10 things millennials need to be marketable in finance jobs
The financial sector can be competitive and difficult to break into at the start. I still remember my early years working in the industry; it was fast, overwhelming and exciting all in one. Now, as millennials enter the workforce, they must find ways to set themselves apart from the competition and rise to the top of a very large pile of older resumes.
When looking to add someone to my team, I consider a few key factors. Some are related to their upbringing, but many have more to do with their intangible assets or their ability to have me believe in their stated skills and suitability. Based on the hundreds of resumes that have passed my desk and my own experience in the industry, I have discovered that there are 10 essentials Millennials need to market themselves in finance.
1. An elevator location
While you never know what an interviewer will ask, Millennials should know that one of the questions is almost always, “Tell me a little bit about yourself.” I expect respondents to have a prepared answer to this type of question. Prepare a 30 second pitch about who you are, what you do in your career, what makes you unique and why you are best suited for the job.
2. Knowledge of jargon
A degree in finance or accounting is not required for all finance positions, but knowing the lingo is absolutely essential. Even if you were a student of English or Economics, you will need to understand financial terms and concepts and be able to use them to explain the analysis and rationale. If you’re struggling with the differences between forecasting and budgeting, it’s time to start over.
3. Educational experience
As I mentioned, a degree in finance is not essential, but you must have a solid background in it. Consider signing up for a financial boot camp or continuing proof of identity or postgraduate degree (MBA, MAcc, etc.). This will not only strengthen your resume and help you with the lingo, but will also help you prepare if you decide to pursue a more specialized degree (FINRA titles, etc.).
4. A CV with results
Too often, CVs read like a story of your career path. You highlight what you have done in a few points for each position. After reading 10 of them all the common buzzwords get mixed up. What strikes me most is when a CV serves as a case study explaining your role, the actions you have taken and the impact on the business. Make the date memorable with quantifiable financial results presented in every bullet point. By the way, be prepared to defend yourself and elaborate on these when challenged.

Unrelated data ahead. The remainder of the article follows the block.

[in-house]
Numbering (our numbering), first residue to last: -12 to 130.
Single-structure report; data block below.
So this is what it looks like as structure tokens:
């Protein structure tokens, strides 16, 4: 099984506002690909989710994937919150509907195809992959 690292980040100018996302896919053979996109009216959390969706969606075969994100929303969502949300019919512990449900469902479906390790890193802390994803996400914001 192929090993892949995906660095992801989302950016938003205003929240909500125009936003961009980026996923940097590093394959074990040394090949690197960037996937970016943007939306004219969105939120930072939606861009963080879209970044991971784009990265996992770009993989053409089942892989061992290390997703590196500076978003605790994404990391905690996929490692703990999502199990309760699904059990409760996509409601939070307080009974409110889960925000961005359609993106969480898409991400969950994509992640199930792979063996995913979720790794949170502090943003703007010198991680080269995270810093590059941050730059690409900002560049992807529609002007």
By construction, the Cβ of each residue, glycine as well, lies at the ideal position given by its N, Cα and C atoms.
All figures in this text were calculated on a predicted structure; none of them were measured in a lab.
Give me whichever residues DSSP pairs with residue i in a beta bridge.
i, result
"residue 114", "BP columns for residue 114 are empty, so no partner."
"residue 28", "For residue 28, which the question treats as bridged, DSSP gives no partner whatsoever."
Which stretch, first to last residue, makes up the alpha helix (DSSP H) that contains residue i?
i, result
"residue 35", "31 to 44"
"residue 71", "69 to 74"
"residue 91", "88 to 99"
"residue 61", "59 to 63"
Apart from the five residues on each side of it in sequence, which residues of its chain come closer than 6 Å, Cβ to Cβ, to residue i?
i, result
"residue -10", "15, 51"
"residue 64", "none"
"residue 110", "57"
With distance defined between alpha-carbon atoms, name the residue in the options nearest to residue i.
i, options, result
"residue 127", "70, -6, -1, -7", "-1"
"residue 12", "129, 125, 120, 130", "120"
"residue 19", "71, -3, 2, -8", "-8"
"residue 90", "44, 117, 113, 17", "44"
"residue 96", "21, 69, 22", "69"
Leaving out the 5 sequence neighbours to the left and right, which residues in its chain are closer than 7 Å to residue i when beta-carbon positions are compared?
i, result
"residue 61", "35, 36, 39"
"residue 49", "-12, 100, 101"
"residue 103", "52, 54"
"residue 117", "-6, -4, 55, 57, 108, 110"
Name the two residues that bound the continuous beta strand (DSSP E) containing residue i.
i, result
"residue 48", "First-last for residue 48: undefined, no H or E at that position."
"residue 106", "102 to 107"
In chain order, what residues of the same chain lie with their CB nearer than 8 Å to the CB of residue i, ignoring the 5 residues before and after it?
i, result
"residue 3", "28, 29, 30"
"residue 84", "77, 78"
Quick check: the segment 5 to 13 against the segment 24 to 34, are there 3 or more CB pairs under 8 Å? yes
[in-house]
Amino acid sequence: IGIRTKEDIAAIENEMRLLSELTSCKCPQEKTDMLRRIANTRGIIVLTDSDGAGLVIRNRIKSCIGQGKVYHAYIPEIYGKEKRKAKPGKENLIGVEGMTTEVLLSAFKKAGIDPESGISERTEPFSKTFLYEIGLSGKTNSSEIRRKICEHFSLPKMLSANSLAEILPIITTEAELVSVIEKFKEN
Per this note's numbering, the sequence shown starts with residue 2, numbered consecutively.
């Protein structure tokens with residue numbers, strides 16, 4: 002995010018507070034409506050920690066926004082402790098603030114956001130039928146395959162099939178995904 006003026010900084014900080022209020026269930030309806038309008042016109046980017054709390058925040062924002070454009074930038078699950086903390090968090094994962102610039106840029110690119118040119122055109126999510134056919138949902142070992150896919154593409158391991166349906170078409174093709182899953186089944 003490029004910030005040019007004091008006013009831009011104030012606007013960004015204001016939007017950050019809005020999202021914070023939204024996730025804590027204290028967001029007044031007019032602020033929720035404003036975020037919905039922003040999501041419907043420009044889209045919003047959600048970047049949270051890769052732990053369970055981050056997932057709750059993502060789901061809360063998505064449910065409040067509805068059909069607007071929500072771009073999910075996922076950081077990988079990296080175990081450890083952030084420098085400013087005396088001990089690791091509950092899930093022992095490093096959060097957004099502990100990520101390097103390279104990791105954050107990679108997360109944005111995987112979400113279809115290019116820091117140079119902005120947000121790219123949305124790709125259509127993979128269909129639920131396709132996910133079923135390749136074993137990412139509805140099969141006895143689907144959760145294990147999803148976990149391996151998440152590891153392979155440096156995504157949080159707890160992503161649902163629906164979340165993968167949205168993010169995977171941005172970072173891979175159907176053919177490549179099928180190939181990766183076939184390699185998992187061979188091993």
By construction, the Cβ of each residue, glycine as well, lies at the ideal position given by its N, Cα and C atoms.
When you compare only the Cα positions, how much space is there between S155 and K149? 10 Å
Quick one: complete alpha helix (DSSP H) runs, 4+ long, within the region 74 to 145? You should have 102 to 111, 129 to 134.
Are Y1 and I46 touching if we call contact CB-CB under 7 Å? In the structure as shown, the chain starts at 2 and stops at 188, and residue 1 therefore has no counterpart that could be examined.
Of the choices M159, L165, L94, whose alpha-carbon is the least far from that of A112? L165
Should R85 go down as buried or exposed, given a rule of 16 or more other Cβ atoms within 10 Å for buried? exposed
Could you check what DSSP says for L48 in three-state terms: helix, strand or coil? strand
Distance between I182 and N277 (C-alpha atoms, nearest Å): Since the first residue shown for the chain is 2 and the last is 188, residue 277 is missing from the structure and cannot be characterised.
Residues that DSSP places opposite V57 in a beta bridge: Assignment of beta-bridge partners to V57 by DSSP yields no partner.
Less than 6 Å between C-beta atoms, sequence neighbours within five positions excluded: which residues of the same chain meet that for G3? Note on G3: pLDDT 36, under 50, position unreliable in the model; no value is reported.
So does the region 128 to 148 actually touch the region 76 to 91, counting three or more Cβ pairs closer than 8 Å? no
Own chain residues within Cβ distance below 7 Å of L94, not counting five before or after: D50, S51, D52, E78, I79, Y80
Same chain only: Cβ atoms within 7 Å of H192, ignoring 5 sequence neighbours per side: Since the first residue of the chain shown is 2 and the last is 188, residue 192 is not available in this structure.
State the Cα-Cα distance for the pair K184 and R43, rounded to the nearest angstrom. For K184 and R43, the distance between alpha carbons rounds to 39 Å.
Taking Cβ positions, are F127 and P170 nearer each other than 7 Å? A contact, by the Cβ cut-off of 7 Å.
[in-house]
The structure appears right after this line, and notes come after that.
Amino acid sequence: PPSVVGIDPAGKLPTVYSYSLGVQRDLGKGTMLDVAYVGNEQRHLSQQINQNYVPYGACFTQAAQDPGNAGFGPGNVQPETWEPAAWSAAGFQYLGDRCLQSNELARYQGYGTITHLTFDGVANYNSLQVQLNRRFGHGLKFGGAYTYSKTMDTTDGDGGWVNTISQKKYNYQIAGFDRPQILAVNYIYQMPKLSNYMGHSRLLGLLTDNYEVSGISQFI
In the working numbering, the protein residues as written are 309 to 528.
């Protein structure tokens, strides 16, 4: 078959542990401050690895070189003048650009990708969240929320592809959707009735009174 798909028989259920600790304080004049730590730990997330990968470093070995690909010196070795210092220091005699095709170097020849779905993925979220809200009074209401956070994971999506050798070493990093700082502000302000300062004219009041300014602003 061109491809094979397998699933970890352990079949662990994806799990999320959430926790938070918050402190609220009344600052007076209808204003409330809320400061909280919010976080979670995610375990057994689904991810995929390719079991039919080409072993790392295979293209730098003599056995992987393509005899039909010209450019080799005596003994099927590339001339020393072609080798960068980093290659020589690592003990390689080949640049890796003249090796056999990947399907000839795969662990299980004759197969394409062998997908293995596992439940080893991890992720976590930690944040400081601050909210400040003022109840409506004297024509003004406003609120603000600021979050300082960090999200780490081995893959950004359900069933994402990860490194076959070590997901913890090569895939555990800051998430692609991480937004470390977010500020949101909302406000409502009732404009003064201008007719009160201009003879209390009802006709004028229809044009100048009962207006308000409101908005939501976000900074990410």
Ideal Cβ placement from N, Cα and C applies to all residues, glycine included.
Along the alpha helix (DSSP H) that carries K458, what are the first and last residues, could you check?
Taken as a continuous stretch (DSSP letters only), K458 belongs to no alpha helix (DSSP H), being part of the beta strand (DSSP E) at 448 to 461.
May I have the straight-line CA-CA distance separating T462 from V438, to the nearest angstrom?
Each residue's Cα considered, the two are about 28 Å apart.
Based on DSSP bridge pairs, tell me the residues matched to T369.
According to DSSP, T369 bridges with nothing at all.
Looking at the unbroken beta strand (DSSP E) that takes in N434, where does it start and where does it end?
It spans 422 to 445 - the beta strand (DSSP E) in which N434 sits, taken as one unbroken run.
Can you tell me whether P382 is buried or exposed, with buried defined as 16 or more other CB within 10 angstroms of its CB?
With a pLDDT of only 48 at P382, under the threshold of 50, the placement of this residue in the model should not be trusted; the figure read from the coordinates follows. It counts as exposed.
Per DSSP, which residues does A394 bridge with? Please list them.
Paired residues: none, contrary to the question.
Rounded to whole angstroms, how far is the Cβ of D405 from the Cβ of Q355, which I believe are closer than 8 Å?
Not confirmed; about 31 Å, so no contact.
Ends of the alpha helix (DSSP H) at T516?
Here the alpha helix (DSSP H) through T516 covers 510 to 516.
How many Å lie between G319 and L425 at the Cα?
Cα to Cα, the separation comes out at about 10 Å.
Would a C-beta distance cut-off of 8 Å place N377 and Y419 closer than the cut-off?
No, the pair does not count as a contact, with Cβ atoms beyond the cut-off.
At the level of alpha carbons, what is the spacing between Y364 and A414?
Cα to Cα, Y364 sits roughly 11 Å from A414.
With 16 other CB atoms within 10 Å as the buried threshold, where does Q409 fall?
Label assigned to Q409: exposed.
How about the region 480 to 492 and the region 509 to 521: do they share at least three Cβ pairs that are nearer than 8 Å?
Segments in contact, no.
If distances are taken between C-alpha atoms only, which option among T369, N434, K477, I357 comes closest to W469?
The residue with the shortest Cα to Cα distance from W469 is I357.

5. Support from a mentor
In particular in the financial sector, mentors can be essential to land the job of your dreams. I have had mentors in the past, and the experience learning from them was invaluable. Search your friends, colleagues or on LinkedIn for someone who will be in the job you want in three, five or ten years. You want this person to be genuinely interested in you and your career development. Offer to buy them lunch in exchange for tips to help you on your career path or how to spice up your resume.
6. An extensive network
In today’s obsessed and connected world of social media, networking is one of the best things you can do for your career. As much as I enjoy my job, I’m always looking to connect with new people in the industry and those with whom I can share my knowledge. You never know who will end up recommending you or introducing you to the person who will hire for the job of your dreams. Remember, networking goes far beyond creating connections on Linkedin. Strive to build real, meaningful, face-to-face relationships with successful professionals.
7. Leadership experience
Every job in the financial industry requires a certain level of leadership. Interviews focus on your ability to take initiatives and excel – and do it without micromanaging or loss. Join a group, company or organization and take on a leadership role if you need more experience to make your eventual transition to leadership a smoother one.
8. A “Roll up your sleeves” attitude
During my years climbing the corporate ladder, I have held many jobs and worked on many projects that I did not necessarily enjoy or consider to be part of my dream career. However, I saw it as paying my dues – my way of getting my foot in the door. Check your ego at the door and consider various positions and routes that can guide you to the job of your dreams, even if that means doing some of the less desirable tasks for a few years. Work hard at the start of your career and it will turn into plenty of opportunities as you gain recognition.
9. A five-year roadmap
It might sound clichÃ©, and it certainly doesn’t have to be for a set period of time, but you need to have a solid understanding of where you are today, where you want to be in the future, and how you want to reach that position. . The more confidence you have in your career path and are able to explain why you are heading in that direction, the more confidence the interviewer will have in your motivation.
10. The communication skills of an English major
I’ve had so many people tell me they got into finance because they hated their English classes. However, the most successful people in the profession I know are those who are strong communicators, both orally and in writing. When going for an interview you need a crisp resume, and when working in finance you need to be able to convey complex information in layman’s terms to those in other departments. Expressing your communication skills is essential to stand out in the world of finance.
Landing your dream job in finance can take years, if not decades. As a millennial, it’s essential that you lay a solid foundation to build on as you advance in your career. Take the time today to make yourself more marketable and stand out from the crowd.